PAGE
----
All songs composed, arranged, written, and produced by James Beattie,” reads the note on Adventures in Stereo’s Alternative Stereo Sounds (Bobsled). It doesn’t mention Beattie’s former Spirea-X partner Judith Boyle, who actually sings the damn things. And it especially doesn’t mention Simon Dine, who, depending on whom you ask, is either a disgruntled ex-manager bearing unfinished tapes or the guy who wrote the music on the band’s first few EPs. Last year, Dine’s team released an album called Adventures in Stereo (on Underground Sounds) weeks after Beattie’s (on Creeping Bent), and he claims to be working on new AIS material.
The earliest AIS songs were barely glimmers, minute-long sketches made from brief sampled loops of anonymous, lightweight ’60s pop, glazed with a few layers of Boyle’s expressionless nightingale coo. Beattie’s new disc trades in those finger-circles for a slightly wider scope: there are live instruments along with the loops, chord changes are permitted, and the songs mostly conclude rather than simply catching their tails and fading to black. Each song, though, still focuses intently on a particular sound or micro-riff—a clipped surf chord, “Good Vibrations” fuzz-bass—suggesting the rest of a grand pop production, like a single facet of a jewel.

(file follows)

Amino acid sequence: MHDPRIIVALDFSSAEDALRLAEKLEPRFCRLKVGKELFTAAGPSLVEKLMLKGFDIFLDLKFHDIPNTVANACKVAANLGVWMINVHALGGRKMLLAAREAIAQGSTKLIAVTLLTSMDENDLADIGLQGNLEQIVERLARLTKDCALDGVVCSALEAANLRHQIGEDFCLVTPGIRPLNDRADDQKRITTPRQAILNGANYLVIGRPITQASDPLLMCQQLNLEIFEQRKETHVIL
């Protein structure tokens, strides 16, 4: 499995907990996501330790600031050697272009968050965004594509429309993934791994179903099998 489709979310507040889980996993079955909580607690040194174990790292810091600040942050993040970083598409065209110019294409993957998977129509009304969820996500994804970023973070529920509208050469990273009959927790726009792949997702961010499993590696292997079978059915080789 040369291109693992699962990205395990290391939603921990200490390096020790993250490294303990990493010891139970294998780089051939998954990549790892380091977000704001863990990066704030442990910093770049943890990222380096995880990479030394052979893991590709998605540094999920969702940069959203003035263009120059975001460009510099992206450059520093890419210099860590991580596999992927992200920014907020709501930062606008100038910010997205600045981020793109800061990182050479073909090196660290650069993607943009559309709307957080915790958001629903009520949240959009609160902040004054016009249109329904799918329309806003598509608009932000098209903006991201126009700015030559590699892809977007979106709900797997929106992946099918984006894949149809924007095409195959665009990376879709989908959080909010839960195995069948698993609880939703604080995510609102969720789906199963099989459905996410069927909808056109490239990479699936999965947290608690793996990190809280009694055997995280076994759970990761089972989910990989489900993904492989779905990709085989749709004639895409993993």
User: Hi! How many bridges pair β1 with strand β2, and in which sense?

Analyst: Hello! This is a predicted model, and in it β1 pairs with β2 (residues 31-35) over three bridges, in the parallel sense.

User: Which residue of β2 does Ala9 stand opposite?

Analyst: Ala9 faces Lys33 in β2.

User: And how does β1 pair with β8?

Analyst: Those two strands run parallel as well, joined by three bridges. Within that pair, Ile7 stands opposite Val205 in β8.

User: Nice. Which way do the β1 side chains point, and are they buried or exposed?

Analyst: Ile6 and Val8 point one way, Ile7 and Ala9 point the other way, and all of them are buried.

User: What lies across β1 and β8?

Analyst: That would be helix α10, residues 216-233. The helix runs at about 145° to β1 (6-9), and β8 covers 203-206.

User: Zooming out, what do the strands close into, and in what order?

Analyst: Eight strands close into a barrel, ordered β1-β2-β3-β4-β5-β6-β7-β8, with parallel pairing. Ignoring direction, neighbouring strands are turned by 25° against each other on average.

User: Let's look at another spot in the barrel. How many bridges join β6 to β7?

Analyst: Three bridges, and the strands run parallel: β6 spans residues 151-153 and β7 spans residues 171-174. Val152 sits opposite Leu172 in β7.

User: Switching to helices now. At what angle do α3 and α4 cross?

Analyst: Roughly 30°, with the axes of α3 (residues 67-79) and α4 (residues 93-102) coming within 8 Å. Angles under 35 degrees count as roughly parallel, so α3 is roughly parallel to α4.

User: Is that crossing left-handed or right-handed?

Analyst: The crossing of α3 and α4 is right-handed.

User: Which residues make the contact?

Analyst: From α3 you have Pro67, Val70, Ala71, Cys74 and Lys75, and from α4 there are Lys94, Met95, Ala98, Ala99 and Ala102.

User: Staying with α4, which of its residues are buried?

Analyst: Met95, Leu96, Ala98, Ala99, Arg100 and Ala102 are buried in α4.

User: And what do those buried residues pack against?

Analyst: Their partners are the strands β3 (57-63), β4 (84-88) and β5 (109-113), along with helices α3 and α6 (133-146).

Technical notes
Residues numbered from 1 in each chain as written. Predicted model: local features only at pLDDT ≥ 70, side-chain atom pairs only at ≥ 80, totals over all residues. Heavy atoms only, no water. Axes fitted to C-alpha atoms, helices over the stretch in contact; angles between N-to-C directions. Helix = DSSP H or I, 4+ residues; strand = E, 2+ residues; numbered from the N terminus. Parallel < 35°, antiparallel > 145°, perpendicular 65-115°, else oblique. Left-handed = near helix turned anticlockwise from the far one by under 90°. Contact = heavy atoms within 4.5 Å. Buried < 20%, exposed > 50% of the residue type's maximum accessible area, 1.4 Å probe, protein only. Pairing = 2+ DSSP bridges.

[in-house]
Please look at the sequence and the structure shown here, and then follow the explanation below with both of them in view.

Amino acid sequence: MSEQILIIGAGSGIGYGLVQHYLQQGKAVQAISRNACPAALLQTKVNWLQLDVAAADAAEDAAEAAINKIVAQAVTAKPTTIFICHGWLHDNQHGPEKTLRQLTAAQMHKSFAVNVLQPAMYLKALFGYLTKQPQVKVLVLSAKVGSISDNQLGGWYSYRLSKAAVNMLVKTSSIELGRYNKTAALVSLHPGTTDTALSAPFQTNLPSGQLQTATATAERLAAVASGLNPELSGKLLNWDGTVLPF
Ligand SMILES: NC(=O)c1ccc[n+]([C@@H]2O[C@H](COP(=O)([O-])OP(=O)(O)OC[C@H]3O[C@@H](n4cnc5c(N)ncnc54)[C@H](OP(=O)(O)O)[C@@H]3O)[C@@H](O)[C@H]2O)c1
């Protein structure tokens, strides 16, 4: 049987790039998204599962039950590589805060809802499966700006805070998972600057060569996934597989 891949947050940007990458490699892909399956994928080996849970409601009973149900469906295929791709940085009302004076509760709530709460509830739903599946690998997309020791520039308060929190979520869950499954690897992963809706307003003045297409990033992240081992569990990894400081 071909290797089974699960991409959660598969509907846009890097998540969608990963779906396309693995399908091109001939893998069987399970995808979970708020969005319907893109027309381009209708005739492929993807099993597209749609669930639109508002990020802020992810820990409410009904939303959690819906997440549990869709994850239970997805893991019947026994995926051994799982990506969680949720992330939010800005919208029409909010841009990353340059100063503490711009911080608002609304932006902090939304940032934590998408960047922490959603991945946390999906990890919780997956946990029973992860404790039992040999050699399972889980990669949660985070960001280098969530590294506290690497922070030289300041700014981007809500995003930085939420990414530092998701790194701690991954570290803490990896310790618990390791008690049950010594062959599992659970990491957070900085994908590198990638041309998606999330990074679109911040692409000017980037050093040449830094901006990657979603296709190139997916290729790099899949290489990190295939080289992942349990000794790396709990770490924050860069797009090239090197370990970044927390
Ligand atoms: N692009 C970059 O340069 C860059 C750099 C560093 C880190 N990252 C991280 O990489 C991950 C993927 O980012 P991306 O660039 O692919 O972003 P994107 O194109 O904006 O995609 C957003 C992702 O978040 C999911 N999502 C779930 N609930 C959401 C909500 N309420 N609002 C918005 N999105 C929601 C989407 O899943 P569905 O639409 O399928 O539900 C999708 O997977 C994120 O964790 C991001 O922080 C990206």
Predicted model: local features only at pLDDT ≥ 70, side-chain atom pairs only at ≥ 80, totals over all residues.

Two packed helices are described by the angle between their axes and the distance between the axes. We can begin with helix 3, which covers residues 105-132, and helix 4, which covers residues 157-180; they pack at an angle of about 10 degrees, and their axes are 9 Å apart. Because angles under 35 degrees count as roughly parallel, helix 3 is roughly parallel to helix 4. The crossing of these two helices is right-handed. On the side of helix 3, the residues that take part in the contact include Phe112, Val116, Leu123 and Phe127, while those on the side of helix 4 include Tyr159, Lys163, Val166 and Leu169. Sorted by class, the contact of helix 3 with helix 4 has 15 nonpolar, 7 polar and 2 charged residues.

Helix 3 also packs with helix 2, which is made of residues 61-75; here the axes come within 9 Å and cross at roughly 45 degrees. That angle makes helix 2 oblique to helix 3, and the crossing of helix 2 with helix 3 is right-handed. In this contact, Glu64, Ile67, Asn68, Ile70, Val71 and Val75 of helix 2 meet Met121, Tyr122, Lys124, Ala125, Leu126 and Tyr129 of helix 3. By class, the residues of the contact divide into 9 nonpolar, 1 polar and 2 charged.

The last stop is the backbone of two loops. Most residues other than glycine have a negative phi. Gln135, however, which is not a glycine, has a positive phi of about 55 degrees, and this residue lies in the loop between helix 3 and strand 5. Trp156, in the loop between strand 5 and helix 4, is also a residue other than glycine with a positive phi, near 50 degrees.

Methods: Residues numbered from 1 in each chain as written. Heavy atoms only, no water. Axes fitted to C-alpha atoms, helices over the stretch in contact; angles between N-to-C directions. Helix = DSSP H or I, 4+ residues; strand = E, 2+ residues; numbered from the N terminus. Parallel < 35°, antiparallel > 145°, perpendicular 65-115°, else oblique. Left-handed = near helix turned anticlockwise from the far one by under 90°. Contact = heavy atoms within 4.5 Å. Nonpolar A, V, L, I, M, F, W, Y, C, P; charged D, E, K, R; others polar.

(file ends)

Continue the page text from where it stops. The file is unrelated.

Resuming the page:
An entire gem, in fact, is hidden as an unlisted track at the end of the American edition of Alternative Stereo Sounds: “Down in the City,” originally released on a Scottish single, which pulls together motifs and chants (some from elsewhere on the album) the way incidents from waking life are brought together in a dream. More than triple the length of most AIS songs, it’s mixed with AM-radio density, half-burying majestic horn lines in hiss. It makes the rest of the disc seem like Beattie’s workshop.